A blog post from Jordan Carter, InternetNZ Chief Executive
28 January 2020
Over the years, you may have heard about people with “keys to the Internet,” and while this sounds secretive and exciting, like something from a spy or thriller movie, the truth has been twisted and changed so many times that it’s time to set the record straight.
Why do I need to do this? Beyond our mission to keep the Internet open, secure and for all New Zealanders, our very own Sebastian Castro has been accepted as a Trusted Community Representative! This is a huge recognition and we’re all very proud of Sebastian for being accepted.
That brings me back to the opening. While Trusted Community Representatives (TCRs) are important, less focus should be given to those with the “keys” and more to what this means, and why such keys are important. That’s what I want to clear up in this post.
What are Trusted Community Representatives?
TCRs play an important role in the everyday running of the Internet, even if it’s not well-known. There are different roles within this group, and members come from around the world who have plenty of experience with - and a strong connection to - the Internet and the Domain Name System, or DNS. This ensures there’s fair representation across countries, meaning no one place can be accused of favouritism.
The vetting process can take a long time, years even, and the number of spaces are limited so not everyone will be accepted. Being so thorough means those who do join are known and trusted across the industry, and keeping that level of trust is important for general users and the Internet community.
What do TCRs do?
So, we’ve established there’s a group and they have different roles.
Of this group, seven hold keys. These keys are required every three months for a ceremony to keep the Internet working as we know it. It’s important to note that these ceremonies don’t require all seven keys, and these individuals will normally attend only two of the four ceremonies each year.
These events are what keep the Internet running smoothly, and it’s all to do with the DNS. They’re called the Root Key Signing Ceremonies. While these are important occasions, and the key holders are essential to it, this is just one part of the Internet, which is why the phrase “keys to the Internet” is misleading. However, understanding what it involves shows us how important it actually is.
Put simply, every web address you type, with internetnz.nz being a good example, is linked to a series of numbers - the IP address of, for example, the server where the website lives. These numbers are the real web addresses, and they can be updated many times each day. The Root Key Signing Ceremony refreshes the cryptographic keys that add extra security to the DNS. If this didn’t happen, you might find yourself unable to reach the right websites - or, worse, being directed to the wrong ones - and this opens you up to scams, malware and phishing sites.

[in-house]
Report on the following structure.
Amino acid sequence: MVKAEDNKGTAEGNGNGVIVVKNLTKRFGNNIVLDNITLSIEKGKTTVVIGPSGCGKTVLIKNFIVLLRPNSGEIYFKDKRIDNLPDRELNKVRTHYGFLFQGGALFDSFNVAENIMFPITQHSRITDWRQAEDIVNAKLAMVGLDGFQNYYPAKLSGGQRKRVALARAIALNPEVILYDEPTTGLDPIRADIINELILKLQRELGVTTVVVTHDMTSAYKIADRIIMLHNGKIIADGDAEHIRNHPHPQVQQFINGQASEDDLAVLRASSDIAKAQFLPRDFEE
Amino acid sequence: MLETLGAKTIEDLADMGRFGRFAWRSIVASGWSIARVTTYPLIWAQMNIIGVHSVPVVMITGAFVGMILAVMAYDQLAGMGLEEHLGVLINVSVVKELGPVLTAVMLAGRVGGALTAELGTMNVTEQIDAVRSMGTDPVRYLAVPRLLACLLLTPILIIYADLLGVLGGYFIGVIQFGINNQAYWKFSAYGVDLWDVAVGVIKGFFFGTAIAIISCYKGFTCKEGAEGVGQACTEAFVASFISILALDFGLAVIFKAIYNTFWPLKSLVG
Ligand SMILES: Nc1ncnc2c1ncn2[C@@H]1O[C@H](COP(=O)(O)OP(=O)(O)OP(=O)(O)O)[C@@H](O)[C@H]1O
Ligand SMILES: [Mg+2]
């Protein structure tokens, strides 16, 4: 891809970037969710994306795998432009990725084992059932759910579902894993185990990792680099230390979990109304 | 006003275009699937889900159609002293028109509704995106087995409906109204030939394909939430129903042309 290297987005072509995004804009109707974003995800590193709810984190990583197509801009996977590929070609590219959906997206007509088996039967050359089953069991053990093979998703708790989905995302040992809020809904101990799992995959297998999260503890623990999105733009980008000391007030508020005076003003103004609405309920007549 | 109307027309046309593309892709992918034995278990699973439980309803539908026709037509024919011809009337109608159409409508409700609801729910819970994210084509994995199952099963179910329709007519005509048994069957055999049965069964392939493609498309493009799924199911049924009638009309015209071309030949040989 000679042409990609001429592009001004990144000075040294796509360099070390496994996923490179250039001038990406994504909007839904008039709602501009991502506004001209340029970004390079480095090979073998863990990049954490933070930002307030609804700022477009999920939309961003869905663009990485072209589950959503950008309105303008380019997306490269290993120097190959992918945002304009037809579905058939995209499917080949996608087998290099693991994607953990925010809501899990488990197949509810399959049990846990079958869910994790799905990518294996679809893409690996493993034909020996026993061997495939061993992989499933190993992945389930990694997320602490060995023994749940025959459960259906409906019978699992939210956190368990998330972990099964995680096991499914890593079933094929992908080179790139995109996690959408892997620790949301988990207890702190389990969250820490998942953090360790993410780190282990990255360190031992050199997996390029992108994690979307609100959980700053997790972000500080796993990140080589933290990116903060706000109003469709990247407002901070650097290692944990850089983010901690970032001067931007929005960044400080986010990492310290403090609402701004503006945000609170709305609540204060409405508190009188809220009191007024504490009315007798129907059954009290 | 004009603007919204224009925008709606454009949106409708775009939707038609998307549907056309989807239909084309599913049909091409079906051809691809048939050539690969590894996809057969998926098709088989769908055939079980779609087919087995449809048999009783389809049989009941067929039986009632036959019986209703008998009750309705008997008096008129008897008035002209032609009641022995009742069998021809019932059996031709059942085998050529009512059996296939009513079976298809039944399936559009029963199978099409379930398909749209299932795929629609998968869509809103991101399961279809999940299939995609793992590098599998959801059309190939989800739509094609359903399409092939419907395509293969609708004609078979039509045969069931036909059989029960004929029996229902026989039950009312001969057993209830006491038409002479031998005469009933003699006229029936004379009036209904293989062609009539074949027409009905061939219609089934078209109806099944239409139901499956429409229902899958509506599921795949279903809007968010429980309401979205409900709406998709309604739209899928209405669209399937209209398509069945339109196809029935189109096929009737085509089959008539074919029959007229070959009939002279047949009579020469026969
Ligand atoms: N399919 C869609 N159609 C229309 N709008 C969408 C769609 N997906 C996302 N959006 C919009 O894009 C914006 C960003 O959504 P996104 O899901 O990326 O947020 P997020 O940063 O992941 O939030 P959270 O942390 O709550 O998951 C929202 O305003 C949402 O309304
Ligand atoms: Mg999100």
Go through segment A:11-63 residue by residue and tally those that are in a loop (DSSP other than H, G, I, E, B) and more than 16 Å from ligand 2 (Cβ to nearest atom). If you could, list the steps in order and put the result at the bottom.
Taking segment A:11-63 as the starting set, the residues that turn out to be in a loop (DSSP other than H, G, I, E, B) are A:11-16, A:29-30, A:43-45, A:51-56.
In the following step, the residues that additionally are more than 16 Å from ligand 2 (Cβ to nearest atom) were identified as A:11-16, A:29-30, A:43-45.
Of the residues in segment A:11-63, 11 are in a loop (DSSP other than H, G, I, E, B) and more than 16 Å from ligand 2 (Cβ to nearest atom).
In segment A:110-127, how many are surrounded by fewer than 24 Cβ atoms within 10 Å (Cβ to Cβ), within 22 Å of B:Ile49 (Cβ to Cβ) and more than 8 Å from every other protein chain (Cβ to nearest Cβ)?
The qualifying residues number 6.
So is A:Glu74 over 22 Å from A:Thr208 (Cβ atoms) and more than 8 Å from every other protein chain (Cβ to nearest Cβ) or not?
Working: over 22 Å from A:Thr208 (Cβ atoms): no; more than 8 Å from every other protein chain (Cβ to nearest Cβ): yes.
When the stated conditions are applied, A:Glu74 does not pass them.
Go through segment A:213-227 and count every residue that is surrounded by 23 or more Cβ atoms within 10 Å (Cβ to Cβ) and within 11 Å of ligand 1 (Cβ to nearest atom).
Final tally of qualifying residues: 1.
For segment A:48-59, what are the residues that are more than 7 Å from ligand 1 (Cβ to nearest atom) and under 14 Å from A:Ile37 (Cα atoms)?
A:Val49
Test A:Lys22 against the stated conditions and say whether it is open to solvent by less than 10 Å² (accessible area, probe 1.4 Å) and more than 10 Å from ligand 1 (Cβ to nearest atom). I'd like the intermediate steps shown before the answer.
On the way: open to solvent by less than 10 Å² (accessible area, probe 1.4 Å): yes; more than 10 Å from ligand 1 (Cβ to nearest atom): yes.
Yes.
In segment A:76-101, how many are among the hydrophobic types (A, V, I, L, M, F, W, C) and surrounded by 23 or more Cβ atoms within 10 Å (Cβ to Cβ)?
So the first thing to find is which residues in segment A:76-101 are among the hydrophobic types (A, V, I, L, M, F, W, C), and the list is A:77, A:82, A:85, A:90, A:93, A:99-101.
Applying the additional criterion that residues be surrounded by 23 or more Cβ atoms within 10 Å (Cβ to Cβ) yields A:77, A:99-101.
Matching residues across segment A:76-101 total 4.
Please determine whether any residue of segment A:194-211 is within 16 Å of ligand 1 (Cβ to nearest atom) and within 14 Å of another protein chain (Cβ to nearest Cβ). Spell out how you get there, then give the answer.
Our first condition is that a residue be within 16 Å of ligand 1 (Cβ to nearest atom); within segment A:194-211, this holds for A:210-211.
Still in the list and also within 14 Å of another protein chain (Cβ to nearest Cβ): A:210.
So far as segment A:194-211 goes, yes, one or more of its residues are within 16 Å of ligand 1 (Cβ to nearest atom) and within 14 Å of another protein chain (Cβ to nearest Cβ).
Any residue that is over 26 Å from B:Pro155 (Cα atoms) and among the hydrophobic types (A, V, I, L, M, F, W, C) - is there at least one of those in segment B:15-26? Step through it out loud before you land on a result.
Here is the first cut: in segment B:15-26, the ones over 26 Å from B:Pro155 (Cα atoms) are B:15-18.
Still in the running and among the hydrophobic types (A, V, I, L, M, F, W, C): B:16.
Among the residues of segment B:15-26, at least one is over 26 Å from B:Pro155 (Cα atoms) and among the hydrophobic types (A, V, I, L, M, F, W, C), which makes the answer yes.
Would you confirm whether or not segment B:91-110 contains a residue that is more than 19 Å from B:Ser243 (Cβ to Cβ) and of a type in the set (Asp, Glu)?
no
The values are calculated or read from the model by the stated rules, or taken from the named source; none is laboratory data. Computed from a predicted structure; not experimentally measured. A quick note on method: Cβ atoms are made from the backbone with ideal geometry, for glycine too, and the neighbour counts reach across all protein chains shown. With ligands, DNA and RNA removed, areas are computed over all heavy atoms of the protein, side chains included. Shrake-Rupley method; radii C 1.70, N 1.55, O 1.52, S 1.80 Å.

That’s what makes TCRs so important to our daily use of the Internet - without them we’d be lost...literally!
In case something goes wrong there are also Cryptographic Officers, Recovery Key Share Holders and Backup TCRs around the world, each with their own roles should they be needed.
What does this mean for New Zealand?
Sebastian’s success means he has a bigger part to play in ensuring the DNS is accurate for Internet users across the globe. It also means another direct connection to ICANN (Internet Corporation for Assigned Names and Numbers), the organisation that carries out the Root Key Signing Ceremonies, and New Zealand. This can only be a benefit to us.
Having a TCR in New Zealand again is very exciting and proves we have talented and engaged individuals who want to do their part to keep the Internet safe, secure and open to everyone. This ties in well with our mission and goals at InternetNZ. By continuing to advise on policy and regulation, along with making the Internet more open and accessible to all Kiwis, we’re showing that New Zealand has a lot to offer the rest of the world in realising the goal of an Internet for everyone.
To that end, I’m glad that all of the people working at InternetNZ are dedicated not only to improving their own skills but also how they can positively impact the lives of everyone in the country. This is just one example of that.
Once again, congratulations Sebastian!
Chief Executive, InternetNZ